From our friends at Art Practical, today we bring you a publication that is more archive than article: Value/Labor/Arts: The Manifestos was one part of the spectacular issue “Valuing Labor in the Arts” that was guest-edited by Shannon Jackson, Director of the Arts Research Center at UC Berkeley. Compiled by Jackson and artist Helena Keeffe, Value/Labor/Arts: The Manifestos presents seven “recent and… not-so-very-old manifestos of artists who found themselves asking how they wanted to be valued and wondering whether the available value systems were up to the task. Some worried about authorship and ownership, some about invisibility, some about whether an artists’ union could combat a highly individuating art market that kept artists from working with each other.” From the Art Workers’ Coalition of 1969 to today’s Working Artists and the Greater Economy (W.A.G.E.), this collection of declarations provides ample food for thought.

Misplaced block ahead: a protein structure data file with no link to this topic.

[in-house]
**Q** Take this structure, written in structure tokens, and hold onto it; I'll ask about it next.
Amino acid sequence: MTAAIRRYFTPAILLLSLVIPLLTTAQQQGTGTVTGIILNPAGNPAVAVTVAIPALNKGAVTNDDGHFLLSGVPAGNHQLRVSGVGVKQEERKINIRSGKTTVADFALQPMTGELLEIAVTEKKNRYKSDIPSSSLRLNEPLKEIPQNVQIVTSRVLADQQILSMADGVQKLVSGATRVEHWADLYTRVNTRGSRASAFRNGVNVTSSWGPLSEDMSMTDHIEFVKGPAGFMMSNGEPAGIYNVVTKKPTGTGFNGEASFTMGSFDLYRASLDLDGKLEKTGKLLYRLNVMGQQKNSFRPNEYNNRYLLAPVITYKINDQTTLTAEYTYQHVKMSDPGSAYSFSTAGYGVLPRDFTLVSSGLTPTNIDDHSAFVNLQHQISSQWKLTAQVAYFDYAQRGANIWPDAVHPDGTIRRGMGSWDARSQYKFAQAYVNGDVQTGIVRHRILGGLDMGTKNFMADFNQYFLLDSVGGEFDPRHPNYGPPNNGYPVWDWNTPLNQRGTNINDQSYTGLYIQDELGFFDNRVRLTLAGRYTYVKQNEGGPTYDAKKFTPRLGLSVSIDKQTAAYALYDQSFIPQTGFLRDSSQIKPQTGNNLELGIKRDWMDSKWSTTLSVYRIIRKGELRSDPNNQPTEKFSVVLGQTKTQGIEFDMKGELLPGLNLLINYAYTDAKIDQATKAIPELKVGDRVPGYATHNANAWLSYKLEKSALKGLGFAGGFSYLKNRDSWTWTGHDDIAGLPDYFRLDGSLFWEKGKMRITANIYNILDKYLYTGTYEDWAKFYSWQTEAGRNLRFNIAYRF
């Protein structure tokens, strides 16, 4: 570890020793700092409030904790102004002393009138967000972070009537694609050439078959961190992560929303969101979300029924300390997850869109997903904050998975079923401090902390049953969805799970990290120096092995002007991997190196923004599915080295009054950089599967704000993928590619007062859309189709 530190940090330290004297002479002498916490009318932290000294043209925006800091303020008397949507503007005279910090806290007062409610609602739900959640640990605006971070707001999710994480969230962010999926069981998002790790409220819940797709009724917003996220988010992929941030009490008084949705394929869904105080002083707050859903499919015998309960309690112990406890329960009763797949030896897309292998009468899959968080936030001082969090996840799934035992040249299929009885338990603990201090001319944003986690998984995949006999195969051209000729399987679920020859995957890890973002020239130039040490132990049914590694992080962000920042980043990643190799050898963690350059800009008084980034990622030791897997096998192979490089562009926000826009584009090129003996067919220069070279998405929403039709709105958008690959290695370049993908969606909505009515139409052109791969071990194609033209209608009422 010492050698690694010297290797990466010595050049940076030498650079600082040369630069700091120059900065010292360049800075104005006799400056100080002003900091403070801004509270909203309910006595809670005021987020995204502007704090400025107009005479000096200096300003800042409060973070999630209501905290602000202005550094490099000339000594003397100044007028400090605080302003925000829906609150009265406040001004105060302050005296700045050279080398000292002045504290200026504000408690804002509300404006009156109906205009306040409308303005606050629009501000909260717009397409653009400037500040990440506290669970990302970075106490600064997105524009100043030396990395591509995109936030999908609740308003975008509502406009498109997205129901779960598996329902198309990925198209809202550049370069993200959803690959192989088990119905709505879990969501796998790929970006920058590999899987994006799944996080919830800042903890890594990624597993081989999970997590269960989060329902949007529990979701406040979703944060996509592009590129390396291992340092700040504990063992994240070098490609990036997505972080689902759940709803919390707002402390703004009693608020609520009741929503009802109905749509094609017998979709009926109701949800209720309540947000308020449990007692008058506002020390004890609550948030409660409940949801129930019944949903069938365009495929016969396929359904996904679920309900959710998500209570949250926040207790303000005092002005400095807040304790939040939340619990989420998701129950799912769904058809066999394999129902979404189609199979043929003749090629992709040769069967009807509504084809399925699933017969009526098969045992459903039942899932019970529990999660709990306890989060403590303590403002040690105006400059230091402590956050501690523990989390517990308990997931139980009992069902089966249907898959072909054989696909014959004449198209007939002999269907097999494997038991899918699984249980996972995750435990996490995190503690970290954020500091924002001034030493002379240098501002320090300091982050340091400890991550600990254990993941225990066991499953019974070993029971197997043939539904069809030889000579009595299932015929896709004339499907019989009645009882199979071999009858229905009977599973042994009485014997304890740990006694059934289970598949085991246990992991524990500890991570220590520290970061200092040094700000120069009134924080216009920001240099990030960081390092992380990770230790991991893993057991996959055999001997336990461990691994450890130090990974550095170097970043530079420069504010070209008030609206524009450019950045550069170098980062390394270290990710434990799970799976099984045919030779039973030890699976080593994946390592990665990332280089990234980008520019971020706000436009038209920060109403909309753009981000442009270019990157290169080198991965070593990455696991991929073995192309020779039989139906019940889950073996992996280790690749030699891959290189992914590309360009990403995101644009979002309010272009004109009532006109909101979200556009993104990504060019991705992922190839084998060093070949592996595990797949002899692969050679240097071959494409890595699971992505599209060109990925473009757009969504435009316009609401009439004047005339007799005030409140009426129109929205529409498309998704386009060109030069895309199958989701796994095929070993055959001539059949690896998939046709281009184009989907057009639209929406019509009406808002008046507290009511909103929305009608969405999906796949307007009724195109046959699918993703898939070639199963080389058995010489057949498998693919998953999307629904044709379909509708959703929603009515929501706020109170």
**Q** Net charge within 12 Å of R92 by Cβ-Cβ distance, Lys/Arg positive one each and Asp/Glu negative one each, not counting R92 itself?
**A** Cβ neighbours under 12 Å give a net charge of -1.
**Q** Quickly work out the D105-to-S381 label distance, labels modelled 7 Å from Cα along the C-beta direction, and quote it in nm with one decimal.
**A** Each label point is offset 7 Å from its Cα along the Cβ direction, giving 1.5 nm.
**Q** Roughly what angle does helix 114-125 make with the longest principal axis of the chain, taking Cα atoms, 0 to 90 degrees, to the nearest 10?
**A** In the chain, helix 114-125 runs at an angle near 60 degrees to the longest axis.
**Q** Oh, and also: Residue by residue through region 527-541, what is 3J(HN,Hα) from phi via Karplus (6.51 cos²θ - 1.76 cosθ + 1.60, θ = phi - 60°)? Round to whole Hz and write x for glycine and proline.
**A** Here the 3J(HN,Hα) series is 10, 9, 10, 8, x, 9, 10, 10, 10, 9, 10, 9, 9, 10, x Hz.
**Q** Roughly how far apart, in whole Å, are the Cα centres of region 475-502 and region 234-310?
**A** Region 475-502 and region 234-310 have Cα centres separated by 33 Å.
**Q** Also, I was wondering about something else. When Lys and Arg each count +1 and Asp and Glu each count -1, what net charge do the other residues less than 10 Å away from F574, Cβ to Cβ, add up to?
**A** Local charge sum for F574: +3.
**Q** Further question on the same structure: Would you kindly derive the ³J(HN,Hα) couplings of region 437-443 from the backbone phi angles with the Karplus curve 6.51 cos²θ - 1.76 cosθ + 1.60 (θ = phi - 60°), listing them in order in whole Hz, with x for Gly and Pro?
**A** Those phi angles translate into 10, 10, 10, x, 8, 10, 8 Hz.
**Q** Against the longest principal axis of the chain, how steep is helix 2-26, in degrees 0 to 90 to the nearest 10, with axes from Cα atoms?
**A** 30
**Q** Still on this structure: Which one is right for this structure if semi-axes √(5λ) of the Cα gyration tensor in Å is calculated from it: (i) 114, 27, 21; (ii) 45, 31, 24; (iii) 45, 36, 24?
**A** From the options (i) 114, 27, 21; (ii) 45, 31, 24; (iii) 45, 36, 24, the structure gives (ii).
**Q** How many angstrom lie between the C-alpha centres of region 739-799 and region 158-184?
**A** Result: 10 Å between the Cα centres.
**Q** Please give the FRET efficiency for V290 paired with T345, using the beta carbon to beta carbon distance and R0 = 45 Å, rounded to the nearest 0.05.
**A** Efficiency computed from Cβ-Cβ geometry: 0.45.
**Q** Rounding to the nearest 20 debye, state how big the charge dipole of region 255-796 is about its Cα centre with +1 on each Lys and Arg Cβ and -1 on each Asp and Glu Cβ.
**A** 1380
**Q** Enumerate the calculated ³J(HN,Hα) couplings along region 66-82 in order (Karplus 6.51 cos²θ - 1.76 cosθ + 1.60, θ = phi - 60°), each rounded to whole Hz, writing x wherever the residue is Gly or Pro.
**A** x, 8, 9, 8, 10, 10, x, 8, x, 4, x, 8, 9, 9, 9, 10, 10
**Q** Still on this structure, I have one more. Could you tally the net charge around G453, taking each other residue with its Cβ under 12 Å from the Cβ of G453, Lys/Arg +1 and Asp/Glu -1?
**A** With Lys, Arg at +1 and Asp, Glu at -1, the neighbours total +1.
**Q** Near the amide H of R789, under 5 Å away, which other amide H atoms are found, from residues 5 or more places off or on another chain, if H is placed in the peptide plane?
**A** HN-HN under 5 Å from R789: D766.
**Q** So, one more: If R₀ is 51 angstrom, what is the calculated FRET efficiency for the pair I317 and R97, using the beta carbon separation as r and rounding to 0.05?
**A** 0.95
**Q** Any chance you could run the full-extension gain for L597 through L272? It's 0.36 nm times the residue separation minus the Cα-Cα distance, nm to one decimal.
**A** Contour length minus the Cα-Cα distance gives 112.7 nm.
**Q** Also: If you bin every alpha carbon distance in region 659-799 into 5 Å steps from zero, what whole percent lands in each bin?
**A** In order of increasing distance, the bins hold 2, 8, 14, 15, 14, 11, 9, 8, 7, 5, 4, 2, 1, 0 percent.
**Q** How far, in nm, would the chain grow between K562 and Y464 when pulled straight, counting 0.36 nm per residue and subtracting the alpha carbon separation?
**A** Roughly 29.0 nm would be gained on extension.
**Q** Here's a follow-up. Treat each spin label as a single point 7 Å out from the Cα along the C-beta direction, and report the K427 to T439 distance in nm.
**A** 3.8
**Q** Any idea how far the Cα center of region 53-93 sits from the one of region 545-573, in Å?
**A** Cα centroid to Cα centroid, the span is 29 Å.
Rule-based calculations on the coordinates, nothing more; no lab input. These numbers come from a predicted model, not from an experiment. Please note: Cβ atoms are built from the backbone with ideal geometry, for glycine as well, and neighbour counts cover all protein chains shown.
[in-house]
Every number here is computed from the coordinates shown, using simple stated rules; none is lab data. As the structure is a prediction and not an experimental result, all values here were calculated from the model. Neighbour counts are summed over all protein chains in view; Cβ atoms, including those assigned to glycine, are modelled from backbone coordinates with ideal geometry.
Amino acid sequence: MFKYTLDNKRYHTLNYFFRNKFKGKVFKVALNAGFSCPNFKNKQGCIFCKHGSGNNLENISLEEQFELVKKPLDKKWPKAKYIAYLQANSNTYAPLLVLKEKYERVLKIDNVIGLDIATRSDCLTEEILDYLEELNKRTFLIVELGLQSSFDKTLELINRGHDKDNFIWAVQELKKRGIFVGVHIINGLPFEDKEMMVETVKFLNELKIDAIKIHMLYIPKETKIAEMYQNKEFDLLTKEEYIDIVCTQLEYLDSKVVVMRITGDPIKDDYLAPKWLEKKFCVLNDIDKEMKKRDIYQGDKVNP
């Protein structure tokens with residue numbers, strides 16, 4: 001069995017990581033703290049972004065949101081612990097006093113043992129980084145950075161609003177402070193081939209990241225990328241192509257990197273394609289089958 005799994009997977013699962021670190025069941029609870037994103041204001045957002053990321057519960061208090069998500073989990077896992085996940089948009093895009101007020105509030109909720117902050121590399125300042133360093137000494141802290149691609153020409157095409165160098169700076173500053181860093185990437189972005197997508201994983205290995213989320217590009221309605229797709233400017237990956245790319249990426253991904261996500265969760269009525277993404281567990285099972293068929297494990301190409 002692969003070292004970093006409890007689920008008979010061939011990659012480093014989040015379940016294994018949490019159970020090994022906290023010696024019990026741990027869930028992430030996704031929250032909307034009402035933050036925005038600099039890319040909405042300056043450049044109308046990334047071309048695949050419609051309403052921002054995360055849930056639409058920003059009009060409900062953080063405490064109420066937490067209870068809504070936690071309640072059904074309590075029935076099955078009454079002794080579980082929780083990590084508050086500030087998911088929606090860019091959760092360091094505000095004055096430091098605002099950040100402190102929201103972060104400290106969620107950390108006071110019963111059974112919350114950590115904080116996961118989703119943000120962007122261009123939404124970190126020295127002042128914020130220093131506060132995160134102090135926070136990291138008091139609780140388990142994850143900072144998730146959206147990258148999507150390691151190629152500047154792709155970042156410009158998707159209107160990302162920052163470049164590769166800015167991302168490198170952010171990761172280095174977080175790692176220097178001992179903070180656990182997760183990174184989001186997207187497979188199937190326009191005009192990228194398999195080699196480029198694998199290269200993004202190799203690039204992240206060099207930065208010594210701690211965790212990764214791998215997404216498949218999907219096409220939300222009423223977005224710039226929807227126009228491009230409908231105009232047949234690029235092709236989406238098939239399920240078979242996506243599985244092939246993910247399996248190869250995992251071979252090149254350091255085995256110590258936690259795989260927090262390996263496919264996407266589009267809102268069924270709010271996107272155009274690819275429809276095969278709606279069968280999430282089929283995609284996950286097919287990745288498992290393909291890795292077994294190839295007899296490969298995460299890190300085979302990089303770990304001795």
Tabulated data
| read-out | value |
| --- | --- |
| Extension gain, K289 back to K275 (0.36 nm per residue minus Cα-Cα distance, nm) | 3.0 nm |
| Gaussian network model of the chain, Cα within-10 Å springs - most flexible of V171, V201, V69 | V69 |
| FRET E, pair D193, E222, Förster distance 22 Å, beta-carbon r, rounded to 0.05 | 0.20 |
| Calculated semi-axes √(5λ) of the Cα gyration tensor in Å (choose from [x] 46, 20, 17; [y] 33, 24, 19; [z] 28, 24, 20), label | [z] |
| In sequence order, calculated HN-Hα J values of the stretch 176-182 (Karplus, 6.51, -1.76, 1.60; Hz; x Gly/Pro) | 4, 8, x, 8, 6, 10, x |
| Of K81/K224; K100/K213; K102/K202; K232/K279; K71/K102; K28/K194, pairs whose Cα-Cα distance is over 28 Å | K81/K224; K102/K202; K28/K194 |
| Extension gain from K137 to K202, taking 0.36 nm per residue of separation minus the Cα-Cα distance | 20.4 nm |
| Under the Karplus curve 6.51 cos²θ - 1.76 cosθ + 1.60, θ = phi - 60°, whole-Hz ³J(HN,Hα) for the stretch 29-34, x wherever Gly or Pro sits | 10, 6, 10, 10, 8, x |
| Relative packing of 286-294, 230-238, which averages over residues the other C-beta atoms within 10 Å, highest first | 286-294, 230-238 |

W.A.G.E. (WORKING ARTISTS AND THE GREATER ECONOMY) WORKS TO DRAW ATTENTION TO ECONOMIC INEQUALITIES THAT EXIST IN THE ARTS, AND TO RESOLVE THEM.
W.A.G.E. HAS BEEN FORMED BECAUSE WE, AS VISUAL + PERFORMANCE ARTISTS AND INDEPENDENT CURATORS, PROVIDE A WORK FORCE.
W.A.G.E. RECOGNIZES THE ORGANIZED IRRESPONSIBILITY OF THE ART MARKET AND ITS SUPPORTING INSTITUTIONS, AND DEMANDS AN END OF THE REFUSAL TO PAY FEES FOR THE WORK WE’RE ASKED TO PROVIDE: PREPARATION, INSTALLATION, PRESENTATION, CONSULTATION, EXHIBITION, AND REPRODUCTION.
W.A.G.E. REFUTES THE POSITIONING OF THE ARTIST AS A SPECULATOR AND CALLS FOR THE REMUNERATION OF CULTURAL VALUE IN CAPITAL VALUE.